ARC Review: The Lady and the Millworker by Lisa Torquay

About the Book:

Title: The Lady and the Mill Worker

Author: Lisa Torquay

Series: Ladies and Strays

Publication Date: Sept. 28, 2021

Synopsis: The Lady and the Mill Worker (Includes bonus erotic novella)

Some like it rough!

Lady Emma Stapleton was assigned by her brother, the Earl of Worley, to save the earldom. Though she hasn’t volunteered, her task is to marry the richest mill owner in the land and siphon the resources to save the earl. And like sheep walking to the slaughter house, Emma travels to her intended’s mansion to accomplish her mission with dutiful intent. Only she hadn’t counted on colliding with one portentous mill worker capable of dismantling everything she thought right and heat her insides in the process. But her allegiance must be to her lineage and rank even if giving him up feels like tearing her own soul.

Edgard Lynch has been working in that bloody mill since he was eight. Embittered by a life-long exploitation, he has no illusions and even less hope. Yet, when Lady Emma bursts into his universe, she shatters it to its last grain of dust. She’s not to be touched, but he’ll throw ranks and decency to the blazes if it means he can lose himself in her kisses.

The Lady and the Solicitor

A lady on fire!

Eleanor, recently widowed Lady Bradford, married her much older late husband under her parents’ pressure. But the deceased Lord Bradford didn’t deliver in the bedchamber. Free from her burdens, Eleanor set out in search of a paramour that would fulfil the desires she’d only glimpsed during her marriage. She looked around her circle with little success. Until her bland, watered-down solicitor gave signs that a fire burned beneath his impersonal stance. Curious, she decided to peel his insipid surface and his insipid clothes to discover what lay beneath them.

At twenty-eight, Walter Gresham inherited the solicitor’s firm from its former owner. He’s desired Lady Bradford from the first moment he lay eyes on her. But he has a physical condition that prevents him from consorting with decent ladies. As Eleanor literally corners him, he’s about to succumb to his rapacious hunger even at the risk of having her flee from him in horrified scorn.

LINKS:     Goodreads    |      Amazon   

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My Review:

The Lady and the Millworker is the second book in Lisa Torquay’s Ladies and Strays series, and it is a unique and steamy historical romance. The story follows Lay Emma Stapleton, who has been ordered by her brother to marry a rich mill-owner to save the earldom. Emma travels to her betrothed’s mansion to reluctantly fulfill her duty. However, she never expects to meet Edgard.

A mill worker who works for Emma’s intended, Edgard Lynch can’t deny his feelings for the enchanting Emma. However, he knows they have no future. They come from different worlds, she is engaged, and Edgard knows he can’t give Emma the life she deserves. Emma feels the same way about Edgard from their first meeting, but she is bound by her duty to her brother and the earldom. Can they resist the feelings they have for each other when so many obstacles stand in their way?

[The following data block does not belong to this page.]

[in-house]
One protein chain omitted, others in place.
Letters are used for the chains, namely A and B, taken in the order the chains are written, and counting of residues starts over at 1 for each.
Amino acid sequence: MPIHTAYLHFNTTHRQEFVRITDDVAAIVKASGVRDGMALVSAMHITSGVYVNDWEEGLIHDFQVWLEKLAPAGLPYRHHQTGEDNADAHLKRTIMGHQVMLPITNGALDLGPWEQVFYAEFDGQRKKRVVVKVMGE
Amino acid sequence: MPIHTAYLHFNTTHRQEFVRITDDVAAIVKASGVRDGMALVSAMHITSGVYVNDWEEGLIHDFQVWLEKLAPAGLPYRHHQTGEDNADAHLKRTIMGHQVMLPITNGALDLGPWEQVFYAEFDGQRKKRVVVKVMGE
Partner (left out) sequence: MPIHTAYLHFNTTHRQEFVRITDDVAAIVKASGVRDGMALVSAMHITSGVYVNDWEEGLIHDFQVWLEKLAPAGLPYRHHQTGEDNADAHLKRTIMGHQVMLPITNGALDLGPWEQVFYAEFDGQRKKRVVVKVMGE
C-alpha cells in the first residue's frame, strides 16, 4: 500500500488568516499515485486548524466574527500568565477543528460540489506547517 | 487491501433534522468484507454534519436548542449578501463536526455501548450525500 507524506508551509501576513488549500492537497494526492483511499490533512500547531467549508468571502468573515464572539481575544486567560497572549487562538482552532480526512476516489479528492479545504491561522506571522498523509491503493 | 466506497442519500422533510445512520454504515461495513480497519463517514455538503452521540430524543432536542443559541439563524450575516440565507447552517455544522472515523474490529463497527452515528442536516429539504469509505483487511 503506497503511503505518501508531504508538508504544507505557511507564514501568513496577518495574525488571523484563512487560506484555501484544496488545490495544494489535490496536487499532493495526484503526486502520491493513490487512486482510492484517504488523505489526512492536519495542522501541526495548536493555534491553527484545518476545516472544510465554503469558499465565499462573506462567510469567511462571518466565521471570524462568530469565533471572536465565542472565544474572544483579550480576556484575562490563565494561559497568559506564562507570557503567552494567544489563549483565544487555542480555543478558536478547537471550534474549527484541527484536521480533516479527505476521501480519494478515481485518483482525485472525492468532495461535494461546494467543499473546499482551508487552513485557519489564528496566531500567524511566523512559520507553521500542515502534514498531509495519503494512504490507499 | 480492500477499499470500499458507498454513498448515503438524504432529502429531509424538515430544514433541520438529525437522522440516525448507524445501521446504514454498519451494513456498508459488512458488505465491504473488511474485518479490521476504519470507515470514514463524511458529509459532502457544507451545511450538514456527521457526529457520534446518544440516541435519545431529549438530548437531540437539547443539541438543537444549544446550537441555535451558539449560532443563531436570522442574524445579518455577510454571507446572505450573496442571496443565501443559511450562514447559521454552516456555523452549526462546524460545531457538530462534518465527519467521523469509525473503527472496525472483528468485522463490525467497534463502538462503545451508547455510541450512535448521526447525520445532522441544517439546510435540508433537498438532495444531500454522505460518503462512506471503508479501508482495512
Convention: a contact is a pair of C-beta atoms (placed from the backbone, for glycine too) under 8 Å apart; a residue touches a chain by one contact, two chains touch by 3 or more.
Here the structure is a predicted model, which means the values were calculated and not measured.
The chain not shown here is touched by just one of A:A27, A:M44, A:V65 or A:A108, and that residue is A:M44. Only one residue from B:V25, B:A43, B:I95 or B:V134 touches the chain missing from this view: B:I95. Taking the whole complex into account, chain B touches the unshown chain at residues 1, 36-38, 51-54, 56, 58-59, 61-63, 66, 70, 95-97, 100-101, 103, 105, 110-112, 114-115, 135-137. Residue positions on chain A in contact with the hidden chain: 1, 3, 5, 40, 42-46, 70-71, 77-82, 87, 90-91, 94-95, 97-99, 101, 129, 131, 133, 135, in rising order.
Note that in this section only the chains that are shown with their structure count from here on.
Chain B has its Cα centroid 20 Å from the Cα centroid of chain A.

Emma’s frustrations stem from her lack of choice, and she does everything she can to take charge of her life. She is smart and determined, and I love that she fights against injustices and inequality. Like Emma, Edgard doesn’t have much choice in his life and seems resigned to his fate. Edgard is a proud and honorable mill worker who has lost hope of living a better life. That is until he meets Emma. Though they come from very different worlds, they have a lot in common, including their strength, determination, and resilience. Plus, their chemistry is fantastic! They have such a deep connection and attraction to each other, and they prove that social and economic constraints shouldn’t define a relationship.

I was happy to see some of the characters in the previous book make appearances in this book. It’s always wonderful to see what couples from earlier stories are doing and how their relationships have progressed. These characters, the epitome of progress, are much like Edgard and Emma in their beliefs about the treatment of workers, and they change working conditions for those they employ.

The story describes the vast differences of social stations during this time, as well as the maltreatment of the working class. The beautiful mansion, for example, stands in stark contrast to the homes of the millworkers. The conditions couldn’t be more different. Children working at young ages, women only receiving half the wages of men for equal work, and deplorable working and living conditions are other inequities brought to light. There are definite messages here about the unfair treatment of women, children, and workers and the need for reform in the mills and in society.

Though this is the second book in the series, you don’t need to read the first book in the series to understand and appreciate this one. The book also includes a bonus novella, which is an erotic historical romance set in the same world as the main story. It’s pretty steamy, and the characters have explosive chemistry! Overall, I would definitely recommend this to lovers of historical romance, and I’m thankful to Lisa Torquay for providing me a copy of the book in exchange for my honest review.


Favorite Parts:

  • The romance!
  • The social statements and observations.

Favorite Line:

A woman’s fatal destiny was always marriage. The groom would be a mere detail.


Want to learn more about the series? Check out my review of the first book!

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